Earlier this year the Atlantic Coast Pipeline (ACP) submitted a Restoration Plan outlining how it proposes to restore its cancelled pipeline right-of-way. ACP also asked for a yearlong extension to its Certificate of Public Convenience and Necessity in order to do this.
As has been typical of the shoddy work produced by the ACP, the Restoration Plan is deeply flawed. Natural and Historic Resources are left vulnerable and there is no proposal to return the easements to the property owners.
There is hope, however, as the Federal Energy Regulatory Commission (FERC) has opened up a new scoping period to allow public comment on the ACP Restoration Plan. FERC, for the first time, seems genuinely interested in hearing from the people in the path of the pipeline, therefore we recommend that everyone take a few minutes to re-engage in the fight and finish things once and for all.
There are a couple ways in which you can re-engage with FERC and let your voice be heard. However, you must do so by FRIDAY, APRIL 16, 2021 at 5 p.m.
If you are wondering what to say in your comments, here are a few things to consider:
Landowners should get their land back on their own terms.
- Landowners with right-of-way easements on their property should be offered the opportunity to regain full ownership of their property.
- Landowners whose property has been affected in any way by surveying, pre-construction assessment, tree cutting, or construction should have the opportunity to outline individual restoration requirements for their land.
Environmental damage in the right-of-way and workspace areas should be fixed in a way that does no more harm.
- No more trees should be cut down, period.
- ACP should be required to hand-treat invasive plants that have gained a foothold in cleared rights-of-way.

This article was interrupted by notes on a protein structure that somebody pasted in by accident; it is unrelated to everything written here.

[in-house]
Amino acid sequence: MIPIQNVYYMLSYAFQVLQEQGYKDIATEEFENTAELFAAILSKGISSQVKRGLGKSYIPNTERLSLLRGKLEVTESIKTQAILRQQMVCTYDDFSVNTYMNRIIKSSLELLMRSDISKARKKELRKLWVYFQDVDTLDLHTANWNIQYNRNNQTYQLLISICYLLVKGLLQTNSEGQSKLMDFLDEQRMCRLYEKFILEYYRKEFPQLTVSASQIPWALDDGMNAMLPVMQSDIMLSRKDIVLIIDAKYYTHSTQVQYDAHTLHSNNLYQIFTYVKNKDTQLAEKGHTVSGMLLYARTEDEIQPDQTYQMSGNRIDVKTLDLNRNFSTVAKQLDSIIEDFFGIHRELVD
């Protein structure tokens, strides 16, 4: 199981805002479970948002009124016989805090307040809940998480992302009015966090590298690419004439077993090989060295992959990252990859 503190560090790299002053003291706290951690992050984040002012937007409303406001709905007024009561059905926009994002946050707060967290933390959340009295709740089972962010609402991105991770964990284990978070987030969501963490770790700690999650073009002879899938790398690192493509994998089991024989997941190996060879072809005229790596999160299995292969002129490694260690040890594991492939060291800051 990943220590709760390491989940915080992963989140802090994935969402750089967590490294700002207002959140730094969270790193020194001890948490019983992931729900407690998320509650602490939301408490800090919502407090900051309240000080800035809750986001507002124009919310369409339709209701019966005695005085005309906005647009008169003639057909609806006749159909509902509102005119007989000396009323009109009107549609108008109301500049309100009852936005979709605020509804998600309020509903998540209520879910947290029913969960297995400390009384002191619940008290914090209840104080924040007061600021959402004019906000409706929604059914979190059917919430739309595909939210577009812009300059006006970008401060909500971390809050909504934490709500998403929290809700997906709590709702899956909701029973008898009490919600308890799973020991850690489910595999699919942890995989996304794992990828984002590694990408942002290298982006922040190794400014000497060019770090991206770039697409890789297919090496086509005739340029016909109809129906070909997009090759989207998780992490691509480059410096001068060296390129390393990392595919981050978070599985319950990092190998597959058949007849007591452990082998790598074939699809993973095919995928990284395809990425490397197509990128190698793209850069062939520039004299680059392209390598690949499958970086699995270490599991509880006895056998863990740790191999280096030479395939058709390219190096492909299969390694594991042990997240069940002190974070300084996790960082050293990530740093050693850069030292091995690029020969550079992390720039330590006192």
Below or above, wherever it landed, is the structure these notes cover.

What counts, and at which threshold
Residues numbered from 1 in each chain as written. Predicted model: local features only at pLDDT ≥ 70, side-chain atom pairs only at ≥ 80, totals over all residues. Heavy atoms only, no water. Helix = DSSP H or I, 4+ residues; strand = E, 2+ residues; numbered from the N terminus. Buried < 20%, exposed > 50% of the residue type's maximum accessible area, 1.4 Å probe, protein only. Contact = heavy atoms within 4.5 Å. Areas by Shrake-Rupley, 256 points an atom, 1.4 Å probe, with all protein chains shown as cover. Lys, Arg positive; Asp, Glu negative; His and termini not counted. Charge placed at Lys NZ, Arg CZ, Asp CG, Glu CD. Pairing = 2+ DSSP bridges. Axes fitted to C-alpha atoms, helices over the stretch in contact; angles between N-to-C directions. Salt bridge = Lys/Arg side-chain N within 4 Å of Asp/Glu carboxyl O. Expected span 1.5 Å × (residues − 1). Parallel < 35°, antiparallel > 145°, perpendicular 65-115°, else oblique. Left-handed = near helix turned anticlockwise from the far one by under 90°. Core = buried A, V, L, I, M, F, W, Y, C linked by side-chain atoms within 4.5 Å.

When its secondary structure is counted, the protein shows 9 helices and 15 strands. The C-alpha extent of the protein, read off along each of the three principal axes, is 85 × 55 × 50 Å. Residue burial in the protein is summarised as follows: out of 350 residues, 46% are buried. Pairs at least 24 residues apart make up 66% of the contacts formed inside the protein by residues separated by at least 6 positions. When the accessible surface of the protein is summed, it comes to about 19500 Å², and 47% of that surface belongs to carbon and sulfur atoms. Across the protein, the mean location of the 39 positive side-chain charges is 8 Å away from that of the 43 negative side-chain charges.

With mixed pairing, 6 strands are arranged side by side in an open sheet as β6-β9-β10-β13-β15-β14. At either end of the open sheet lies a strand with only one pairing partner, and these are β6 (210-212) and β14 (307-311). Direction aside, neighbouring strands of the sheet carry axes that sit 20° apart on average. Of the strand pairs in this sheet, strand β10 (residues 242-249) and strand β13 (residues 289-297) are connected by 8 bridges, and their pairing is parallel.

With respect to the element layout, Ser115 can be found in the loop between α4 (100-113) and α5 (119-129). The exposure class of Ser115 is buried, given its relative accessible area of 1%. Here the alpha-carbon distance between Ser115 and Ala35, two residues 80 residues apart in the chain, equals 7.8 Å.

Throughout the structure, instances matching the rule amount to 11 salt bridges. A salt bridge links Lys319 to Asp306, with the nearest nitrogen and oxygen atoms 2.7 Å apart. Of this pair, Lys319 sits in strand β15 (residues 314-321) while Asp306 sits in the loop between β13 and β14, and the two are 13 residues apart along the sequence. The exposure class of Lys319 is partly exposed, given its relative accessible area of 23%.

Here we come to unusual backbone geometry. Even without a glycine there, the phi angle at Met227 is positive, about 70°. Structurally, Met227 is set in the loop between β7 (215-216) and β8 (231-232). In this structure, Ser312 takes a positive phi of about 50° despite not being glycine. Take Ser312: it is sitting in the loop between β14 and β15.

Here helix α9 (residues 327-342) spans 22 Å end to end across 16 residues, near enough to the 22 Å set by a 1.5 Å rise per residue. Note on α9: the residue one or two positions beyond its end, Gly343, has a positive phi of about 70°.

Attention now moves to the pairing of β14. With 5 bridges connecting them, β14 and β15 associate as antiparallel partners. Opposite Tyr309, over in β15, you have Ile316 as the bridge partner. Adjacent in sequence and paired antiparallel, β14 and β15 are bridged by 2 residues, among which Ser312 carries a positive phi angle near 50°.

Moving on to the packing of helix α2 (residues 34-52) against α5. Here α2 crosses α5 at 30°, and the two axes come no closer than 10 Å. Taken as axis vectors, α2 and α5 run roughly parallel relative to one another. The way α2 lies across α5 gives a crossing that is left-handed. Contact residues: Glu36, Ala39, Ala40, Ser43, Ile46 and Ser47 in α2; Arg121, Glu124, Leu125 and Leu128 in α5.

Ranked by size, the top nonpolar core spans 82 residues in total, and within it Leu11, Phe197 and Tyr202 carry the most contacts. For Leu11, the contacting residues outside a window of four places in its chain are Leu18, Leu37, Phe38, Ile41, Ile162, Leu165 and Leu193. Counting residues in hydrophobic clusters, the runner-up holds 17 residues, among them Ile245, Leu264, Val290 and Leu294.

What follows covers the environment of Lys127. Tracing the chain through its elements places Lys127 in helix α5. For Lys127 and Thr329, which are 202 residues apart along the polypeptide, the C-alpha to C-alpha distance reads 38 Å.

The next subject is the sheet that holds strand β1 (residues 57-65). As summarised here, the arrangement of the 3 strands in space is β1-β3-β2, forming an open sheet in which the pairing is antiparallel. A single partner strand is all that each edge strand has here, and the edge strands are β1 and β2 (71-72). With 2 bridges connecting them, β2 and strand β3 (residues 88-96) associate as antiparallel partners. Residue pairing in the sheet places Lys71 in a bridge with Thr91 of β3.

- ACP should replant with native pollinator plants to replenish the endangered rusty-patched bumble bee habitat.
- The harm to freshwater mussel populations by rights-of-way clearing should be assessed and addressed.
Historic and cultural resources still need to be considered.
- ACP must keep all its promises regarding how historic and cultural resources would be handled. For example, ACP promised to rebuild the historic rock walls near Sherando, but does not mention upholding that promise in the restoration plan. Further, the ACP promised to work with the Augusta County Historical Society on presenting public programming regarding a number of impacted Native American and African American cultural resources. These promises remain unkept.
Lastly, but very importantly, we should be allowed the opportunity to provide oversight on this restoration plan, and ACP should be held accountable for satisfactorily completing the tasks in a timely manner rather than continuing to kick the can down the road by extending completion deadlines.
You can dig deeper into all of these points with these resources:
- Our comments submitted by Southern Environmental Law Center
- This document on considerations for landowners by our partners at Friends of Nelson
As always, comments told from the heart are the best. Let FERC know how this project negatively affected you, your property, and your community and be specific in telling FERC how it can hold the ACP’s feet to the fire and make things right.
Here’s how to comment:
- You can make short comments of up to 6,000 characters by going to https://ferconline.ferc.gov/QuickComment.aspx and filling out the form. FERC will e-mail you a link within a few minutes, which you can use to submit your comment.
- If you want to write longer comments using the e-File process, and/or you wish to formally become an Intervenor in this proceeding (landowners with easements on their property are encouraged to become Intervenors) you can follow this detailed guide that our fellow pipeline fighters, Friends of Nelson, put together to help you do either or both of those things.
NOTE: The FERC Docket Number to use on either eComments or eFiling is CP15-554-009.